The law is more merciful to you and you will get time to repent of your crime, and I hope you make the best possible use of that time which is now left you to reconcile your soul to your maker, and make your peace with God. I must say that I thoroughly agree with the jury in their verdict, which was a proper one; and I may say in my opinion they could conscientiously and as reason able thinking men have arrived at no toehr verdict than they did.

The sentence of this court is that you, Thomas Keely, be taken from the place where you now are to the place from whence you cane and thence to the place of execution. Where you will be hanged by the neck until you are dead on the 23rd day of April 1902. May the lord of have mercy on your soul.’ Keely was removed from the court.
   It was on a Wednsday the Keely was execute for the murder of Mrs. Mary Clasby. Mr. J.C. Conroy, soir., had visited his client There was a petiton forwarded, and it was expected the prayer would be acceded too, but a few days ago the Lord Lueitenat replied that the law must ttake its course.
   This was communicated to Keely, who was terrified of it. After the trial Keely collapsed, and was conveyed to hospita, where he remained till a few days ago, when he was again conveyed to the condemned cell and was never out of site of two warders.The condemened man at first refused to eat, and it was thought that he would starve to death. A consultation was held by two doctors. The prisoner began to eat and drink once he heard there was hope for a reprieve in his case unti the day the government refused to grant a reprieve.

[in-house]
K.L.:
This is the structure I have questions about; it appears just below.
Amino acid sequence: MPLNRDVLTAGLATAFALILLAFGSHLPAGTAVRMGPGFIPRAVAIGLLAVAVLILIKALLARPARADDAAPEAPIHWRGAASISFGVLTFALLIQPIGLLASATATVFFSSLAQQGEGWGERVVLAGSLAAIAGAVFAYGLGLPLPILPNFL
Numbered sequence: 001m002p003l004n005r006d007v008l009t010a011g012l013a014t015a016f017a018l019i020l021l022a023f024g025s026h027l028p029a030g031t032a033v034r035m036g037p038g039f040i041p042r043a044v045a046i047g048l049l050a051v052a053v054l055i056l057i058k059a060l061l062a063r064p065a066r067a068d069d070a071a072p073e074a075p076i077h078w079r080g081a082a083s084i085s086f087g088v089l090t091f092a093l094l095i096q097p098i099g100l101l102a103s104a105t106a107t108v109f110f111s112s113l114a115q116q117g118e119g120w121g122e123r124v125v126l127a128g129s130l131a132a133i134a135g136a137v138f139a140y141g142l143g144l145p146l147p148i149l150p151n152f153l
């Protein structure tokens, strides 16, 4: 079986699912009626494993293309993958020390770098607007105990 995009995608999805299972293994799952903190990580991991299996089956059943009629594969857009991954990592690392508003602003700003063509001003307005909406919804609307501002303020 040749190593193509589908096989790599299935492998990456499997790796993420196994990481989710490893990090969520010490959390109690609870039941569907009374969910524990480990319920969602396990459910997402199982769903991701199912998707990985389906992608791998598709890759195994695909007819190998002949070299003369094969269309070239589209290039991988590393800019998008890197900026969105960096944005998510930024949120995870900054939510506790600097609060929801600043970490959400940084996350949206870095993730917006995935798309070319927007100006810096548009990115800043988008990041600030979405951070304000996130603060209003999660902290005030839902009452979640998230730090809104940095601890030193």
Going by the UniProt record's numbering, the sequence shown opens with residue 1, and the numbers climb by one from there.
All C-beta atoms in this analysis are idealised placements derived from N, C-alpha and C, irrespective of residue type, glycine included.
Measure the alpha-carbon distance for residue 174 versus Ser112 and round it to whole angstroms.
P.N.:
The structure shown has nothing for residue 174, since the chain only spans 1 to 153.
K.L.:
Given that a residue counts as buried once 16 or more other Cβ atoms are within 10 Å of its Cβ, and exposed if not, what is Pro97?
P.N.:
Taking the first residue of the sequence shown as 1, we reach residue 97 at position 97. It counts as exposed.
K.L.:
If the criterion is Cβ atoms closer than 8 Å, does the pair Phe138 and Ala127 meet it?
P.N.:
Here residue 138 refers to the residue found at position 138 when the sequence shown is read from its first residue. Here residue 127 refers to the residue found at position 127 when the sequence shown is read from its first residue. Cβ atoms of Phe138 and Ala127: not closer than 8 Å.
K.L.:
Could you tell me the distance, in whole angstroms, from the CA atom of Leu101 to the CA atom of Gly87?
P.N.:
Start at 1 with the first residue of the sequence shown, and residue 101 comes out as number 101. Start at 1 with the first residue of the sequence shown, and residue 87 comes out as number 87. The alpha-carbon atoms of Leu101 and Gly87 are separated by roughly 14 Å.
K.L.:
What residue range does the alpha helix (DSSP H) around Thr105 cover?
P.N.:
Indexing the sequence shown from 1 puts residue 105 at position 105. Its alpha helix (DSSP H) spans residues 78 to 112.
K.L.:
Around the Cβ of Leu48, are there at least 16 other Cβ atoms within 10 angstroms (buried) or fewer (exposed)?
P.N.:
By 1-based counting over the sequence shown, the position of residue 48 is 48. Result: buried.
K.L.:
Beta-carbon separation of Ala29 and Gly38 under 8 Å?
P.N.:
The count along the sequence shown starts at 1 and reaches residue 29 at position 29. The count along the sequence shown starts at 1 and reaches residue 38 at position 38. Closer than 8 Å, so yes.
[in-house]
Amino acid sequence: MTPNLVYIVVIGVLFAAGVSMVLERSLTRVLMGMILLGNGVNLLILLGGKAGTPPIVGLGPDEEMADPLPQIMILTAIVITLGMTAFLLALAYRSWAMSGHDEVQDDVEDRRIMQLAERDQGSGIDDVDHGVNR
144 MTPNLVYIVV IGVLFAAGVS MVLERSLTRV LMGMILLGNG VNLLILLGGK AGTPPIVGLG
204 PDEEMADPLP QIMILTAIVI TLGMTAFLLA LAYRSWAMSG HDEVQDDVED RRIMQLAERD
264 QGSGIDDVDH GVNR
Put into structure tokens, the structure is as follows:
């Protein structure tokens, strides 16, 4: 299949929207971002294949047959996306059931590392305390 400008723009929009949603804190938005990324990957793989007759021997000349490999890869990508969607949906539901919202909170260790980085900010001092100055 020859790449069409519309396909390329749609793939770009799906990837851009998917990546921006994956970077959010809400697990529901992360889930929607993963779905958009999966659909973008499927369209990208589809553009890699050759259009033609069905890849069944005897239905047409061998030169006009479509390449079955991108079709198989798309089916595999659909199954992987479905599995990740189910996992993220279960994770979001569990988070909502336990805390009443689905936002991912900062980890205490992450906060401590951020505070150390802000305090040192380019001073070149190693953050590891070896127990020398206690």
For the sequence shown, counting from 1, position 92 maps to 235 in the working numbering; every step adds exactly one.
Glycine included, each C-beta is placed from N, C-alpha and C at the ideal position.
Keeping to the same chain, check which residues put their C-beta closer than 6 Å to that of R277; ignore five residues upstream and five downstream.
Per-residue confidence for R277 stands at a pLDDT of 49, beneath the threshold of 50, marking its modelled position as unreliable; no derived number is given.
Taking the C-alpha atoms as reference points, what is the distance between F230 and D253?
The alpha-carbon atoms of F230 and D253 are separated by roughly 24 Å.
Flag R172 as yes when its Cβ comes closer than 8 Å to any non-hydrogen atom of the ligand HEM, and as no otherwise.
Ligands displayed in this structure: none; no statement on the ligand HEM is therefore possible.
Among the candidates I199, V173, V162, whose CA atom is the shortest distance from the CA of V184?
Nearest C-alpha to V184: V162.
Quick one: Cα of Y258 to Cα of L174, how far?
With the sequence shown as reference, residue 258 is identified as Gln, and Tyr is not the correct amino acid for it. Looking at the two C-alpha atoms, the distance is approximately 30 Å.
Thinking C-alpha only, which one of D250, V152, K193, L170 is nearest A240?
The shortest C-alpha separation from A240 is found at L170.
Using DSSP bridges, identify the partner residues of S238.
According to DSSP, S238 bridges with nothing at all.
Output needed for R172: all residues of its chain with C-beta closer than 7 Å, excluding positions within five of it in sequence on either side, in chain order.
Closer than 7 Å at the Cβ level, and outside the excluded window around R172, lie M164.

The Government refused Keely’s reprieve which made Keely lose all up and he finally stopped eating. 2 weeks had gone by after Keely was sentenced and an operation was done on the prisoner. They surgeons had to remove a tumour from his back bone. The tumour would have killed the prisoner before the 23rd. The operation was performed successfully, but the prisoner would not live long a week longer than the 23rd, and for the that last week was in a dying condition.
   Before Keely’s death Rev Fr. Greaven P.P. and the Rev. Father Considine, C.C.’s were most attentive to the prisoner. The prisoner was a Roman Catholic born in Boston. Even the nuns from the Order of Mercy where with the prisoner every hour. Prayers were asked publicly for his soul and befored the day of execution he was constantly either praying or crying at times.
   The Sunday before hand the Lord Bishop of Galway Most. Rev. Dr. McCormack accompained by the two chaplins, visited the condemned man. The prisoner soon attended his own mass at 7.30 a.m. The Governer, two warders, two reverend fathers were present. ‘The prisoner was now conveyed to his cell and partook of a little refreshment, and was exhorted to prepare for death. He seemed unconsious and it was thought he was dead several times.’ Keely was possibly dying.The prisoner did not have a great sleep the night before at all which was full of ‘fitful of starts, and woke muthering and crying and laid down again growning.